Exotic locations make fore adventures in filmmaking


Now that domestic tax incentives have become rich and plentiful, fewer productions are choosing to shoot abroad for strictly economic reasons. For those that do cross international borders, the decision often is based less on the need for cheap labor and facilities and more on the desire to capture exotic looks and authentic atmospheres that can't be created by redressing a backlot in Burbank or a side street in Los Angeles. This is especially true of big-studio tentpole features such as Buena Vista's upcoming "Pirates of the Caribbean: At World's End" and Universal's planned August release "The Bourne Ultimatum."

"On the 'Bourne' films, they're sort of proud of the fact that they've really put everybody in the real places," the film's unit production manager Nigel Gostelow says. "So often people go to Prague, and they tell you it's London, Amsterdam and so many other places, but all they've done is travel around the corner. We're not going to go three miles from Pinewood Studios and put a couple of palm trees there and call it Tangier. If the script says Tangier, we're going to Tangier."

And go to Tangier they did, along with Berlin, London, Madrid, New York, Paris, Riga (the capital of Latvia) and the District of Columbia. "Tangier is a huge port on the north coast of Morocco, and it's Africa's link with Europe, so there are just people teeming through in both directions, as well as a huge population living there," Gostelow says. "It's an amazingly busy, frenetic, slightly intimidating place, and I think that was the appeal for 'Bourne,' to try to capture some of that."

Production was complicated by the fact that the entirety of the three-week shoot took place during the Muslim holy month of Ramadan. "It was hot and sticky, and by the middle of the afternoon, everybody was in a bad mood because they couldn't eat or drink or smoke or do anything (due to the religious restrictions)," Gostelow says. "As an employer bringing non-Muslims into the country, we didn't say to people, 'We will follow the rules of Ramadan,' but, for the sake of public relations, we didn't let our people drink or smoke or eat in the street during daylight hours."

While Tangier was crowded and bustling, Dominica and St. Vincent -- the West Indies islands used in "At World's End" (portions of which were shot concurrently with the previous "Pirates" film, 2006's "Dead Man's Chest") -- were remote and undeveloped.

"On islands like that, you completely overwhelm the infrastructure," says the film's unit production manager Douglas C. Merrifield. "Because of the size of the trucks and equipment we needed to move on and around the island, we ended up improving a number of roads and building others. We also built up their Internet and communications systems. On Dominica, there wasn't one resort that could accommodate us. I think we were in 78 different places, between small hotels, private houses and apartments scattered on the north and the south ends of the island. And you can always tell when we wrapped because people would go back home at night and plug in their computers and cell phones they needed to charge, and you could literally see the power drain. I think we caused more than one blackout."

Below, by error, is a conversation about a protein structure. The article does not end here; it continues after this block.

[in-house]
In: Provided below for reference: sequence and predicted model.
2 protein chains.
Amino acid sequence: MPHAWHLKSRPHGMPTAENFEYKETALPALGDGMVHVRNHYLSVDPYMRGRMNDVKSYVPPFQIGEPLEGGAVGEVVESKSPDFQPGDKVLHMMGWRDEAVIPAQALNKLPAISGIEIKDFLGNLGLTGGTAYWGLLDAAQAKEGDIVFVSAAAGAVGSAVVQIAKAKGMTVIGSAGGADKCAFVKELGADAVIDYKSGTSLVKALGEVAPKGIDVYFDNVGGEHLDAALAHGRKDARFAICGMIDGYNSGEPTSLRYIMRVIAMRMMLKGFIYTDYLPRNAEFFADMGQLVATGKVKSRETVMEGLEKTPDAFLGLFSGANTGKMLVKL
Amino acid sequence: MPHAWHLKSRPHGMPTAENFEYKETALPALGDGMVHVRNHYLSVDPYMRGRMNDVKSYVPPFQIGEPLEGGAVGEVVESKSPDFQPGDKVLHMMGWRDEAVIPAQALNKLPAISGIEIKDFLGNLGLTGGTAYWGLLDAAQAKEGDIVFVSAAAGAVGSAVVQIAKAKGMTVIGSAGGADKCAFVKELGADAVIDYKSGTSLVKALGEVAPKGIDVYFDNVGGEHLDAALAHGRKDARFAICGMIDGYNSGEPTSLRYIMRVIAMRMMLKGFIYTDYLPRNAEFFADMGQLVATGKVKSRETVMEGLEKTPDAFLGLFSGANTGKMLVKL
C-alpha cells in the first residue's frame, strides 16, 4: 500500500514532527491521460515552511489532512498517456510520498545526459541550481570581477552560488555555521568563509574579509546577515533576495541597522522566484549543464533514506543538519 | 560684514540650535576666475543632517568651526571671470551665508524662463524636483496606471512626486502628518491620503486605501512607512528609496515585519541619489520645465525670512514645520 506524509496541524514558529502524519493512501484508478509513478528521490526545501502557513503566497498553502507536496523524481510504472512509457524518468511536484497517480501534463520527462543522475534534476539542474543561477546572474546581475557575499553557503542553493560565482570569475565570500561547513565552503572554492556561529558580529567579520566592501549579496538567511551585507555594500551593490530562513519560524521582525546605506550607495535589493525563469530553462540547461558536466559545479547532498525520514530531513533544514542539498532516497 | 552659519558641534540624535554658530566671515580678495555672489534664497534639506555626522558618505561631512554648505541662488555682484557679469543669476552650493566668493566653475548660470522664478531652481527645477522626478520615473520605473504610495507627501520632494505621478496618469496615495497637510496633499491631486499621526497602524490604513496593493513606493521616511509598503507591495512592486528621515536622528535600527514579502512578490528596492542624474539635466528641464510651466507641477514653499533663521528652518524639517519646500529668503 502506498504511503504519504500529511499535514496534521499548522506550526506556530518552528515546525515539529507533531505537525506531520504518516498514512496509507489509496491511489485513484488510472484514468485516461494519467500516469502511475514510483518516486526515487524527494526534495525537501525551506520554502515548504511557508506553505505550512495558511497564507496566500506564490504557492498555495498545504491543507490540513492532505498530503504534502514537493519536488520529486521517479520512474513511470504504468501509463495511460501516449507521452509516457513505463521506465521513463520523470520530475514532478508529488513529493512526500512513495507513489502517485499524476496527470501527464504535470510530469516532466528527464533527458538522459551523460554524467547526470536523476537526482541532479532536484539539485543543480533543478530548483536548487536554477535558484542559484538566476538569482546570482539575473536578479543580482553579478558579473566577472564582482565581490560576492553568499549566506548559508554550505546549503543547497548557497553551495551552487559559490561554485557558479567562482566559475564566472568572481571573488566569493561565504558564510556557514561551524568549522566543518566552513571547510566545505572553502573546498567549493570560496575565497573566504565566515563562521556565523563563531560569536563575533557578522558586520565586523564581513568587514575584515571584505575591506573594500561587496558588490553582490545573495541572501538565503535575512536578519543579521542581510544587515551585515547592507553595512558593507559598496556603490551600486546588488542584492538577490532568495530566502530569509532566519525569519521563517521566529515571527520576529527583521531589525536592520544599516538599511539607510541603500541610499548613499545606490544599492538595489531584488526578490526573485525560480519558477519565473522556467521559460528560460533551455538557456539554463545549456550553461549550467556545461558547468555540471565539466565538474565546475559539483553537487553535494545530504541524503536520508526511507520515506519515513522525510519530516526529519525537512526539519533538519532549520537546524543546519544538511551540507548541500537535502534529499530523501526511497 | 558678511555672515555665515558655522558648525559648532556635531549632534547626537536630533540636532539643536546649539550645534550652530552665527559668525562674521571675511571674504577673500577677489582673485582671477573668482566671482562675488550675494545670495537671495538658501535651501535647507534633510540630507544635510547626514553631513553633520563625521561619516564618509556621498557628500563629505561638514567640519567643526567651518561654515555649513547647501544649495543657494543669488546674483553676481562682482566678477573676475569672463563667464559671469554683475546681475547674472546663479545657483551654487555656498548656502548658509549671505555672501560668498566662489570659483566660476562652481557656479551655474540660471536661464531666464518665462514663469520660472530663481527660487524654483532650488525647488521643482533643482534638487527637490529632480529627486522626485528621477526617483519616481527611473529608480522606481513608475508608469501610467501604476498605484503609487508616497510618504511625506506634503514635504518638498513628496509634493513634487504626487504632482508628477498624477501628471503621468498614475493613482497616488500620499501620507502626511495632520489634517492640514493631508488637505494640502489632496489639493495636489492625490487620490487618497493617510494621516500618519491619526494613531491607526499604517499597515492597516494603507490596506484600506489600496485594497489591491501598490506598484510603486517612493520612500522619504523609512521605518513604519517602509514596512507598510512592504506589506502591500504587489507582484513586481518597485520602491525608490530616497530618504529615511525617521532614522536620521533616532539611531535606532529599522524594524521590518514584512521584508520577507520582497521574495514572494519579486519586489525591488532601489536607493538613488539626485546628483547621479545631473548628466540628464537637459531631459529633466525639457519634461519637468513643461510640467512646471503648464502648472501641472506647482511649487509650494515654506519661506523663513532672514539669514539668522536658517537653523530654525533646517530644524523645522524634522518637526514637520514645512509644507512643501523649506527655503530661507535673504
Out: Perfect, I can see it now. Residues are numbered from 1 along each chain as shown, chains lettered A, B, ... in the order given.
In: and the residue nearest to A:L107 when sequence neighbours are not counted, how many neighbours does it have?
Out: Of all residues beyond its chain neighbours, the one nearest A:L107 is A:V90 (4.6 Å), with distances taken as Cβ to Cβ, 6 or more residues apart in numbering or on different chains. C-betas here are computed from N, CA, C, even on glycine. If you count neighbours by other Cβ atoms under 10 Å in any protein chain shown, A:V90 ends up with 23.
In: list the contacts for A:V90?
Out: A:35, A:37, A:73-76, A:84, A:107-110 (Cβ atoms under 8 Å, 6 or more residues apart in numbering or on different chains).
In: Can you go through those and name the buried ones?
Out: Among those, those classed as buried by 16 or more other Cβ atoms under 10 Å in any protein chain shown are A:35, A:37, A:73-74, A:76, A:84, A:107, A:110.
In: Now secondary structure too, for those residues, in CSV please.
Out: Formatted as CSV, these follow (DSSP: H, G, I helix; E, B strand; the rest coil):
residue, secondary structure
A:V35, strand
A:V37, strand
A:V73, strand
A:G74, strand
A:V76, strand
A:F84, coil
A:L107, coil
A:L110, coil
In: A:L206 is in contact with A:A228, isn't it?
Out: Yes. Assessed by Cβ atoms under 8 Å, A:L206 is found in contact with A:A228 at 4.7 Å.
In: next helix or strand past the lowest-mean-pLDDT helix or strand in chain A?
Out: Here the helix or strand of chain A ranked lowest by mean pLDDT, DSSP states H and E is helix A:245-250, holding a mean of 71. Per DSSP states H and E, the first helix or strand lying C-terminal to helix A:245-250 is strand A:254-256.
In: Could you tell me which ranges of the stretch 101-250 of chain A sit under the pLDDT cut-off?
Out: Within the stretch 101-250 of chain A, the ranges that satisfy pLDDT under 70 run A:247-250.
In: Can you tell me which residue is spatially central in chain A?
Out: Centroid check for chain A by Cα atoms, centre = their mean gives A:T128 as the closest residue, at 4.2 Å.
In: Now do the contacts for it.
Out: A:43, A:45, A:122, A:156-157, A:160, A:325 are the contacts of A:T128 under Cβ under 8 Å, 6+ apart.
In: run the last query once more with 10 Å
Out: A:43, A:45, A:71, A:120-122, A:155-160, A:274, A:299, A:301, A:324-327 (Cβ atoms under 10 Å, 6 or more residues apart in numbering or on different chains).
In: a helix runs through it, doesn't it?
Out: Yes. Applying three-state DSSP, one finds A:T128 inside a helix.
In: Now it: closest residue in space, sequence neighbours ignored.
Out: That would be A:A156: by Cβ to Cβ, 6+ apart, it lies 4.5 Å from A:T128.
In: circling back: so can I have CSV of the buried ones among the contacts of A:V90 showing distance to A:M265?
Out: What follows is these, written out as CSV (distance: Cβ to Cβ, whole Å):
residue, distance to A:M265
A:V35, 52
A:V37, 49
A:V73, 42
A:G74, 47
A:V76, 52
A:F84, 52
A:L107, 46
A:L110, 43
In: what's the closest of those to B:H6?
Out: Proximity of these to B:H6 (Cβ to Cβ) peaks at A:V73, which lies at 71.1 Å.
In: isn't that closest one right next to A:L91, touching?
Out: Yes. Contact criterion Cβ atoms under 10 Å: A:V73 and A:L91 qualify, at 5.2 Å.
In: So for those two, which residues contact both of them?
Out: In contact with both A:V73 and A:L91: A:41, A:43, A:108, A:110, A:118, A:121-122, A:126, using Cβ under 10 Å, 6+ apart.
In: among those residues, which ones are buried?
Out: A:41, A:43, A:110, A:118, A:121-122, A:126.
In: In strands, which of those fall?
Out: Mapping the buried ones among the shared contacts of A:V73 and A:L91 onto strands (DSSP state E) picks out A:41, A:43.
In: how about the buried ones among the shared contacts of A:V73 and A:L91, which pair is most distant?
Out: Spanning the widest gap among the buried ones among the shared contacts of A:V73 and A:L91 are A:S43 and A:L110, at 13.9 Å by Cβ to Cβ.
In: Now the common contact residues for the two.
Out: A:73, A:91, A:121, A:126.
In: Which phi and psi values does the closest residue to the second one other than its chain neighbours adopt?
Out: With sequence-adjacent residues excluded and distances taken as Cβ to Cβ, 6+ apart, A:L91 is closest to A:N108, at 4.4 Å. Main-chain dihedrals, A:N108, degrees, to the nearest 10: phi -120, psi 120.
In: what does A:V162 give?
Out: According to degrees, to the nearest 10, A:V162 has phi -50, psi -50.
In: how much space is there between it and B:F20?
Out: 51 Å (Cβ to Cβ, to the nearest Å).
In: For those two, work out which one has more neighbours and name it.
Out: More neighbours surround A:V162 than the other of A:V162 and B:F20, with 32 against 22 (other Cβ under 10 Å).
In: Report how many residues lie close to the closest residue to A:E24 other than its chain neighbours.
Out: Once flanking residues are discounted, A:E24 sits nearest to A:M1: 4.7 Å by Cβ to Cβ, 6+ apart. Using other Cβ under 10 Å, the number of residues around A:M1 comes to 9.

The facilities were superior, albeit untested, in the Bahamas, where most of the major water sequences for "Dead Man's Chest" and "At World's End" were shot. "We picked the Bahamas because at the time we were scouting in the summer of '04, there was an investment group there that was planning to put together a facility called Gold Rock Studios on Grand Bahama Island, and in the second phase of their development they were proposing a tank," Merrifield says. "We convinced them to make the tank Phase 1 of their development. We had Grand Bahama Power (Co.) run massive power loads to the site, and improved it and leveled it, and again improved the communications, Internet and all of that on that end of the island. It was a good facility, and if anyone ever wants to do a water picture, the infrastructure there is all in place, ready to go."

Lionsgate's upcoming thriller "Captivity" was shot in Moscow -- hardly a remote location, but like Dominica and St. Vincent, one lacking infrastructure. The city once had a thriving state-supported film industry, but it collapsed along with the Soviet Union in 1991. Production has increased in recent years, but not to a level that can support a substantial crew base. What is there, however, is cheap. Producer Leonid Minkovski estimates he saved 30%-40% by shooting in Moscow instead of Los Angeles or New York, where the film is set.

But even with a team of translators on hand, the language barrier between the crew and the film's British-born director Roland Joffe was sometimes hard to overcome. "The translators didn't know motion-picture lingo for the most part," recalls Mark Damon, another of the film's producers. "For the first couple of weeks, it was a little tougher going than it should've been, just because there was this stilted communication. But towards the end, the translators were understanding motion-picture expressions, so they were able to properly communicate them to the balance of the crew members, who were primarily Russian. And the attitude of the crew was very positive."

Minkovski says Joffe will be returning to Moscow next month to film "Finding t.A.T.u.," a coming-of-age story about the relationship between an American girl and a Russian girl who share a mutual obsession with the Russian pop duo t.A.T.u. "This script is set in Russia," notes Minkovski, who's producing the film through his production company Russian American Movie Co., or RAMCO. "Roland said it's so much more interesting and exciting for him to do a movie about Russia in Russia than a movie about New York in Russia."